The quadriceps, commonly tagged as the quads, are a collection of four muscles that run down the front of the upper thighs. When you run, jump or squat, you can thank your quads for extending your knees. There is an exercise that focuses on your quads, but it's also a good idea to incorporate compound exercises that also hit your glutes and calves, since these muscles commonly work together.
Developing strength in your quads requires a different training program than one designed to develop size. If you want stronger quadriceps, complete each exercise with a heavy weight and do three sets of six or fewer repetitions. If you’re looking to build size in your quads, bump up your training volume to three to six sets of about 12 repetitions. Regardless of your goal, schedule your quad workouts two to three days per week and give your legs a day of rest in between each session.
Leg extension is effective at isolating your quadriceps, making them do all of the work. This is a quality exercise if you are particularly weak in your quads because of inactivity or if you're recovering from an injury that has caused your quads to atrophy. Sit in the leg extension machine and adjust it so that your knee joints line up with the pulley axis. Your shins should be set securely against the ankle pads. Start with your knees bent and extend them against resistance until your legs are straight. Control the ankle pads back down by bending your knees.
The squat is a compound movement, requiring movement at joints other than your knees. Most daily lower body activities are compound activities that involve movement at your knees, ankles and hips. Compound exercises like the squat are more effective for building strength that transfers to real life movements. During the squat, the quadriceps are primary muscles, handling most of the force development when they extend your knees. With a barbell on the back of your upper shoulders and your feet hip-width apart, push your hips backwards and bend your knees. Keep lowering down until your thighs are parallel to the floor and then extend your hips and knees to return to a standing position. As you rise out of the squat, your glutes contract to straighten your hips and your calves contract to extend your ankles.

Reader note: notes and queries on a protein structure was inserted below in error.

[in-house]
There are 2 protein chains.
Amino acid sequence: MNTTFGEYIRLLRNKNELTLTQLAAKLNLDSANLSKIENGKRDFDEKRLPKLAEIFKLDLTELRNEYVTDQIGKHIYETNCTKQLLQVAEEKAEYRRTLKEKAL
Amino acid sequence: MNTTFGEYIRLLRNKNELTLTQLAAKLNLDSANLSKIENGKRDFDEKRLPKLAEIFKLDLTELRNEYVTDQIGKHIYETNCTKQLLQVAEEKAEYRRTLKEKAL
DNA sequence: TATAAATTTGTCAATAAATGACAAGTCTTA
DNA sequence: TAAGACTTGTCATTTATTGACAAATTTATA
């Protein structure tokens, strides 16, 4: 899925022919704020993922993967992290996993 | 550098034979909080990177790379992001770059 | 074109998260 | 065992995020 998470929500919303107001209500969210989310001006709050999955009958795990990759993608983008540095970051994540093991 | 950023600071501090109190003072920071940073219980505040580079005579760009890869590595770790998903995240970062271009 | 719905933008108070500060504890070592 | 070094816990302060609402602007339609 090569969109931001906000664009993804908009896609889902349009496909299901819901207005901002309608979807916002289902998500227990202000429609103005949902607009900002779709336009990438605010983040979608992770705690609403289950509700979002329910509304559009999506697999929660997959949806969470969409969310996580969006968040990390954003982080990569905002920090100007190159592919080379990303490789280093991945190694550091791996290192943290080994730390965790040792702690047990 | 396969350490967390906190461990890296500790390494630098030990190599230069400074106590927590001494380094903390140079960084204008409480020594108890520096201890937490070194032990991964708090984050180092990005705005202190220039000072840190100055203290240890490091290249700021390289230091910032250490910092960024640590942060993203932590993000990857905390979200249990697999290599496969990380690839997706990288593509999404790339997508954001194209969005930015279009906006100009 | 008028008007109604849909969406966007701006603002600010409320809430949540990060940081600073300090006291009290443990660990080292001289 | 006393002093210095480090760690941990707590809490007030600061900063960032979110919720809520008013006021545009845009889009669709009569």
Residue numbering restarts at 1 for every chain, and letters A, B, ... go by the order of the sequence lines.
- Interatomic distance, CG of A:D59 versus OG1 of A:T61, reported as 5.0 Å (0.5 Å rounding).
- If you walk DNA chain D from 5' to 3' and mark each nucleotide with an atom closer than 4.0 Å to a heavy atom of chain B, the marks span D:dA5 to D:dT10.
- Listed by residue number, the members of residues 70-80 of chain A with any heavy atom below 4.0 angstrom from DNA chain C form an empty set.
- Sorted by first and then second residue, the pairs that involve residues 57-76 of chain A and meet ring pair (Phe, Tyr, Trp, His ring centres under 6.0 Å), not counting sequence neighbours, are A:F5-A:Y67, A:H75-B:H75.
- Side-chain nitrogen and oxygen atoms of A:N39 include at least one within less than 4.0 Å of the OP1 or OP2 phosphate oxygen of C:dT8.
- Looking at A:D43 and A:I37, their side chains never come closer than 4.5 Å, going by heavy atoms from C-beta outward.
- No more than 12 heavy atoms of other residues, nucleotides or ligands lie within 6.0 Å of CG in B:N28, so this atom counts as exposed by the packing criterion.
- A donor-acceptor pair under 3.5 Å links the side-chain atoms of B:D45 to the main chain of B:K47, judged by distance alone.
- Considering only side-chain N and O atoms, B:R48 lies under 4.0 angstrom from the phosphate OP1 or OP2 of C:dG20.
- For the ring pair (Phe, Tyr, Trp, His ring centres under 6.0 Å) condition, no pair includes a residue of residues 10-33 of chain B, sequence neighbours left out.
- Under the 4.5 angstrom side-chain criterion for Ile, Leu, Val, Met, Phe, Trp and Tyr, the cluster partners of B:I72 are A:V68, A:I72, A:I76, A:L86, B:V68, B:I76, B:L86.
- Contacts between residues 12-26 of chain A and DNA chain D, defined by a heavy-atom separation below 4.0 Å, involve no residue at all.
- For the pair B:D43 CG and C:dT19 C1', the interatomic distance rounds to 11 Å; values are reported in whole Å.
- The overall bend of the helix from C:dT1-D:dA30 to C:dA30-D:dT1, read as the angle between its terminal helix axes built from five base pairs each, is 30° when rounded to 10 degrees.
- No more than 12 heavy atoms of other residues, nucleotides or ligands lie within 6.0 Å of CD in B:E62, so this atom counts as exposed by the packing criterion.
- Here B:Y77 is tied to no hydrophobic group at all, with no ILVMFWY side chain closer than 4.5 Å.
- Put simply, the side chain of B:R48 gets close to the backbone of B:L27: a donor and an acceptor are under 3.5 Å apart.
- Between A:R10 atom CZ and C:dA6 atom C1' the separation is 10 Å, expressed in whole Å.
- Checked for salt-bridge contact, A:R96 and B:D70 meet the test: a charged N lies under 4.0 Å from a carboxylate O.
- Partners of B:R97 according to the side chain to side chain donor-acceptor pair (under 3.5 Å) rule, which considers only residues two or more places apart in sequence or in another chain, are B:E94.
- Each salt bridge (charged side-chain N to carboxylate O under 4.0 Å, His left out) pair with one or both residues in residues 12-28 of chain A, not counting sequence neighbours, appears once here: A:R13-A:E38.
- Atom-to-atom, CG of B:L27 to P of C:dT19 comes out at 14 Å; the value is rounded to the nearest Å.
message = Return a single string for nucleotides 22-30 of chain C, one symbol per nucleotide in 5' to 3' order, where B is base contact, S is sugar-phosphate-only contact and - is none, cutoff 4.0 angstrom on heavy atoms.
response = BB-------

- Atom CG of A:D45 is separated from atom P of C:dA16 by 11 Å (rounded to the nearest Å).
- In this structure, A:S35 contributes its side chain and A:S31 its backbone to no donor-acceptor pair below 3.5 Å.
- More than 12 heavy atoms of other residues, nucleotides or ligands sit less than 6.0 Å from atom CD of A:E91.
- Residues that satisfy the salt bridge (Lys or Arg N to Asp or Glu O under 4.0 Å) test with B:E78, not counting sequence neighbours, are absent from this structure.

The lunge is also a compound exercise in which the quadriceps handle most of the work, but need assistance from the glutes and calves. With a barbell on your upper back, take a large step forward with one foot. Keep your torso straight as you lower your back knee down towards the floor. Bring your lead foot back to a standing position and then step forward with the opposite foot for the next repetition.
Kim Nunley has been screenwriting and working as an online health and fitness writer since 2005. She’s had multiple short screenplays produced and her feature scripts have placed at the Austin Film Festival. Prior to writing full-time, she worked as a strength coach, athletic coach and college instructor. She holds a master's degree in kinesiology from California State University, Fullerton.